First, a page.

I tell my students that there are only two kinds of words they can safely regard as equivalents: words for numbers (excepting integers under five, the words for which have too many other uses) and words that are invented expressly for the purpose of serving as equivalents, like xindiantu (heart-electric-chart) for “electrocardiogram.” I tell them their goal in Chinese class should be to set aside English and get started with thinking in Chinese.
This raises the question of what translation is. I’m afraid it is something quite different from what the person on the street takes it to be. It is not code-switching. Let’s take a tiny example, chosen at random, from David Roy’s translation of the immense sixteenth-century Chinese novel Chin P’ing Mei, or The Plum in the Golden Vase, written during the Ming dynasty, the final volume of which has recently appeared. Here the doughty female protagonist, Golden Lotus, is waiting in a garden for her latest lover, who is also her son-in-law. To tease her, the son-in-law hides under a raspberry trellis, then jumps out as she passes by and throws his arms around her:
“Phooey!” the woman exclaimed. “You little short-life! You gave me quite a start by jumping out that way.”
Two other English translations of Chin P’ing Mei, both published in London in 1939, put this line differently. Clement Egerton (assisted by the distinguished modern Chinese novelist Lao She) writes:
“Oh,” she cried, “you young villain, what do you mean by rushing out and frightening me like that?”1
Bernard Miall, retranslating an earlier abridged German rendition by Franz Kuhn, has this:
“You rascal, to startle me so!” she cried, scolding him and laughingly releasing herself.2
A translation into French in 1985 by André Lévy reads:
Lotus-d’Or s’exclama: “Oh, le mauvais garnement! Qu’est-ce que c’est que ces façons de jaillir et vous causer pareille frayeur!”3
None of these translations can be called wrong, or even “more right” than any other. In each case the translator has grasped the original well, but then, in turning to the needs of second-language readers, handles dilemmas differently.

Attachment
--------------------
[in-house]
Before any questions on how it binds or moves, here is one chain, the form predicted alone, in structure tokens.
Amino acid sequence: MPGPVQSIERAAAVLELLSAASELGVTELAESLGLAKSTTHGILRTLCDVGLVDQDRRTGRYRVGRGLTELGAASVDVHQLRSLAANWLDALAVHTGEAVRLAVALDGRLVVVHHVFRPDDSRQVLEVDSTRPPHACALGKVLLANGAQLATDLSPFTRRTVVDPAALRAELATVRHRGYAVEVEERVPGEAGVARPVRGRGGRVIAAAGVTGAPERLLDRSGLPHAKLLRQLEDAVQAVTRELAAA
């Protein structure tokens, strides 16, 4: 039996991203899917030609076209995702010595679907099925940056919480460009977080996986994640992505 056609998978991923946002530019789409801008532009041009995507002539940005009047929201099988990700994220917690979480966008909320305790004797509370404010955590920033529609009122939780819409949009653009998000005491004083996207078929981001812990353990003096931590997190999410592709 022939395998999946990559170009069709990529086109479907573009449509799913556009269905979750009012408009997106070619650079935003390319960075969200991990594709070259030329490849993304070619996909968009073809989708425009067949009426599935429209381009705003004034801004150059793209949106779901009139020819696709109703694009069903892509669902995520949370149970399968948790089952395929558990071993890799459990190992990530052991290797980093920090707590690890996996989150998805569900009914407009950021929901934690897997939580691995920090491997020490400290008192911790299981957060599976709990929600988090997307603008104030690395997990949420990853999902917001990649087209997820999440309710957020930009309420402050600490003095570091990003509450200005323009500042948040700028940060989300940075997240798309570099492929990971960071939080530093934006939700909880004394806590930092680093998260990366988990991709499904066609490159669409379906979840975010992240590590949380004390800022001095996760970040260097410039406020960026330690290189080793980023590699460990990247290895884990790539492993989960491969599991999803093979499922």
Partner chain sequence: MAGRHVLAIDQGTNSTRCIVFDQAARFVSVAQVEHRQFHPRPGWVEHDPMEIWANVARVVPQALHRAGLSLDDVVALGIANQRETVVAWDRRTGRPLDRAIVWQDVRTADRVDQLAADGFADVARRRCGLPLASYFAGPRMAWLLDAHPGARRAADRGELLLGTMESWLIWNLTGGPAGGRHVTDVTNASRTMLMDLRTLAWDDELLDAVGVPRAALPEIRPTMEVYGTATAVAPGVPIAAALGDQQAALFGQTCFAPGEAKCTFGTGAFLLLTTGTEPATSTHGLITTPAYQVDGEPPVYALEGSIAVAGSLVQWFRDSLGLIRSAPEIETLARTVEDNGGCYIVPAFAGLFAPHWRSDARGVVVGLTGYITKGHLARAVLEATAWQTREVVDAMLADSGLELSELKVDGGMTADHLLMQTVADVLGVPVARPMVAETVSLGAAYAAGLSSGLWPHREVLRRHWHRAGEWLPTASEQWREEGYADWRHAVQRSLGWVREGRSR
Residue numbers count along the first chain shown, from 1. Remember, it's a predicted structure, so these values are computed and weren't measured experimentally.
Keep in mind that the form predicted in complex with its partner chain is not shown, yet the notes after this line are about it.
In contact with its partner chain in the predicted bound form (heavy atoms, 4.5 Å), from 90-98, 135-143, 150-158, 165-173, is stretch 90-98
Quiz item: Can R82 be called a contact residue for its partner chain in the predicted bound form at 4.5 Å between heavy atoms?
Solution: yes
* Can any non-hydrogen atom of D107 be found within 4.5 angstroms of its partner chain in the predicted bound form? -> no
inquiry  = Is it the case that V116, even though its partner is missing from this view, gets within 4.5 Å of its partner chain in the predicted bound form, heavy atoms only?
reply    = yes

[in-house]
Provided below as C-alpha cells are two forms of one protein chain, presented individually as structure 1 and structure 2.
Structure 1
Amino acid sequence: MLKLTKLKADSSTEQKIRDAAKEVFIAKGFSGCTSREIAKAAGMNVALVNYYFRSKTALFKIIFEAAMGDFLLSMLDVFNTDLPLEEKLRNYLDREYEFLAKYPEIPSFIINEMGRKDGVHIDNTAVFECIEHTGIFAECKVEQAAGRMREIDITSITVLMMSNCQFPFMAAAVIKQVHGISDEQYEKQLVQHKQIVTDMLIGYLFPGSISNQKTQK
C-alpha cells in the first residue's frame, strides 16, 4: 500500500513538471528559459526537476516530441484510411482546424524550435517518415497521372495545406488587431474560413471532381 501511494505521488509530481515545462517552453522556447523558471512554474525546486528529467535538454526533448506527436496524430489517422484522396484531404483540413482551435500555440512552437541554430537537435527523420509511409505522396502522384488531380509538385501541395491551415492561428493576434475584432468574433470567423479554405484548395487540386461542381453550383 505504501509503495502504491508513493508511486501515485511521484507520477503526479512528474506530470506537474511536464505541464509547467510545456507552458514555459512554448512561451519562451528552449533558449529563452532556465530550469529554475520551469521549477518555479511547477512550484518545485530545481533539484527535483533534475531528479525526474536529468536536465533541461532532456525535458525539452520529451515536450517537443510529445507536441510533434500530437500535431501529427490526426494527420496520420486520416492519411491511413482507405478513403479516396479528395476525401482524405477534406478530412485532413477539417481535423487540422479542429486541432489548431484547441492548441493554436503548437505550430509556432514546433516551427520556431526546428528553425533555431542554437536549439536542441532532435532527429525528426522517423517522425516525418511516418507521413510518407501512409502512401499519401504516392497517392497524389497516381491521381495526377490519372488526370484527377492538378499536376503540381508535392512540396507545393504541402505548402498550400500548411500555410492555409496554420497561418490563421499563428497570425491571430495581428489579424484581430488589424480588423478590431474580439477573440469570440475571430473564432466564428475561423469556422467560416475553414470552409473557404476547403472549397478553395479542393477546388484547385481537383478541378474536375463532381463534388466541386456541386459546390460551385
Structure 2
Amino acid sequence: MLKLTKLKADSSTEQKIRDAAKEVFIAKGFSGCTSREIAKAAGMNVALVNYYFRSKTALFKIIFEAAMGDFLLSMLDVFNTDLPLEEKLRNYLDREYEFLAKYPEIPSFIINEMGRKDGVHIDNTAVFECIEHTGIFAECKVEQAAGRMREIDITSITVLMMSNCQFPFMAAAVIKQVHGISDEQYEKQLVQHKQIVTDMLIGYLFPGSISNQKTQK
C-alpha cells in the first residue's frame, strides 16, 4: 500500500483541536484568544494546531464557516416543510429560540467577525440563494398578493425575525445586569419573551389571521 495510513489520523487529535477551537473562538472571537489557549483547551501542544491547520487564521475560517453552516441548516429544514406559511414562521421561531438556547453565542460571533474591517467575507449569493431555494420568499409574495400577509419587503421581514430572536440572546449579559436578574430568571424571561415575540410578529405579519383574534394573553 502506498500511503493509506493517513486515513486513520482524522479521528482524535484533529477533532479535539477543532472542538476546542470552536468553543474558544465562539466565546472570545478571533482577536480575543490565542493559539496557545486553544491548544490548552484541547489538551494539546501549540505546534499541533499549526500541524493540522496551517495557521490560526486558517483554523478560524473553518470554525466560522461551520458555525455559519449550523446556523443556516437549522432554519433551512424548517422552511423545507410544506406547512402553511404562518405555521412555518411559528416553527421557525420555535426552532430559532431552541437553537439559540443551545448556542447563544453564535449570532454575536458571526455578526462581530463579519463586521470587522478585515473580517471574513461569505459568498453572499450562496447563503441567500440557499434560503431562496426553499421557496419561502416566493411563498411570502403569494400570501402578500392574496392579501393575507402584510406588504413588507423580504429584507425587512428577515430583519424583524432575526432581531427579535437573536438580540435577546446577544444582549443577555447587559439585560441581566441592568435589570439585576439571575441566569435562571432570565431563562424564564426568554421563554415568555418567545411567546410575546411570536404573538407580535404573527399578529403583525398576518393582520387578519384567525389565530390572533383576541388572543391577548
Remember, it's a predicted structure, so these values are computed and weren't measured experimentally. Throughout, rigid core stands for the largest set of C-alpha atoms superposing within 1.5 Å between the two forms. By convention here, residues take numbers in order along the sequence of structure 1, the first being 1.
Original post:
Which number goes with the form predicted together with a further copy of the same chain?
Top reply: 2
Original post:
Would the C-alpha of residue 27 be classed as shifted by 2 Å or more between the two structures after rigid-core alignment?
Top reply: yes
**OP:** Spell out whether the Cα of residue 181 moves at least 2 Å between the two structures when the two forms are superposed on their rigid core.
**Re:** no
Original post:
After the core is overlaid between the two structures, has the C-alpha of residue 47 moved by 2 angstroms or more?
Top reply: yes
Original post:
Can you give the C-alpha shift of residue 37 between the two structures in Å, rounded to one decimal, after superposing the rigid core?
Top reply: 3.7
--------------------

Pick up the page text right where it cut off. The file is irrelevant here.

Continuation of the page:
Is the mischievous lover a short-life, villain, rascal, or garnement? “Short-life” is a literal reflection of the Chinese duanming; “rascal” and “garnement” are attempts to find less literal cultural equivalents. How literal should one be? Egerton’s “villain” trusts the reader to supply irony—fair enough, in this case, but how far should such trusting go? Miall’s “laughingly releasing herself” is not stated in the original, but is certainly implied. Should the translator help out like this, if there is a danger that a reader from another culture might miss something? Lévy’s “Qu’est-ce que c’est que…” captures the lady’s surprise with precision, but it contributes to a sentence that is twice as long as the corresponding Chinese sentence and lacks its balanced rhythm of five-plus-five syllables. Where should the balance lie between matching form and matching sense?
In the end, none of the renditions feels exactly like the original. In that sense they all fail. But failure by that standard is inevitable, because my language students are incorrect to think that exact equivalence is possible. A translator chooses what to sacrifice in favor of what, and the choices are not “correct” or “incorrect,” but value judgments.
The most fundamental dilemma is between how much to pull the reader into the original language, preserving its literal meanings and supplying footnotes to spell out complicated things, and how much to step back, be more “free,” and try, as Kuhn and Miall are most successful at doing, to offer the reader what might be called “comparable experience.” Puns are an extreme and therefore clear example of the problem. Translators from Chinese usually ignore puns. Sometimes they dissect them in footnotes, and scholars appreciate the dissection because scholars are interested in innards. But a scalpel kills a pun, of course; a dead pun is no longer funny, and right there one aspect of “comparable experience” is lost. What is the alternative, though? To try to invent a parallel pun in the second language? Such efforts demand great ingenuity as well as a willingness to take considerable liberty with denotative meaning.
David Roy is aware of these dilemmas. He sometimes tries to give the modern American reader comparable experience—for example, in the above, “phooey!” for the Chinese pei!, which has a derisive flavor and might even have been “jerk!” or “get lost!”—in any case something a bit more colorful than the “oh” that Egerton and Lévy settle for. But on balance Roy comes down much more on the side of reflecting and explaining the word level in the original. He is the scholars’ scholar. He writes more than 4,400 endnotes and advises in his introduction that they are necessary if the novel is to be “properly understood.” Jonathan Spence, in a review in these pages of volume one of Roy’s translation, wrote that the meticulous notes make “even a veteran reader of monographs smile with a kind of quiet disbelief.”4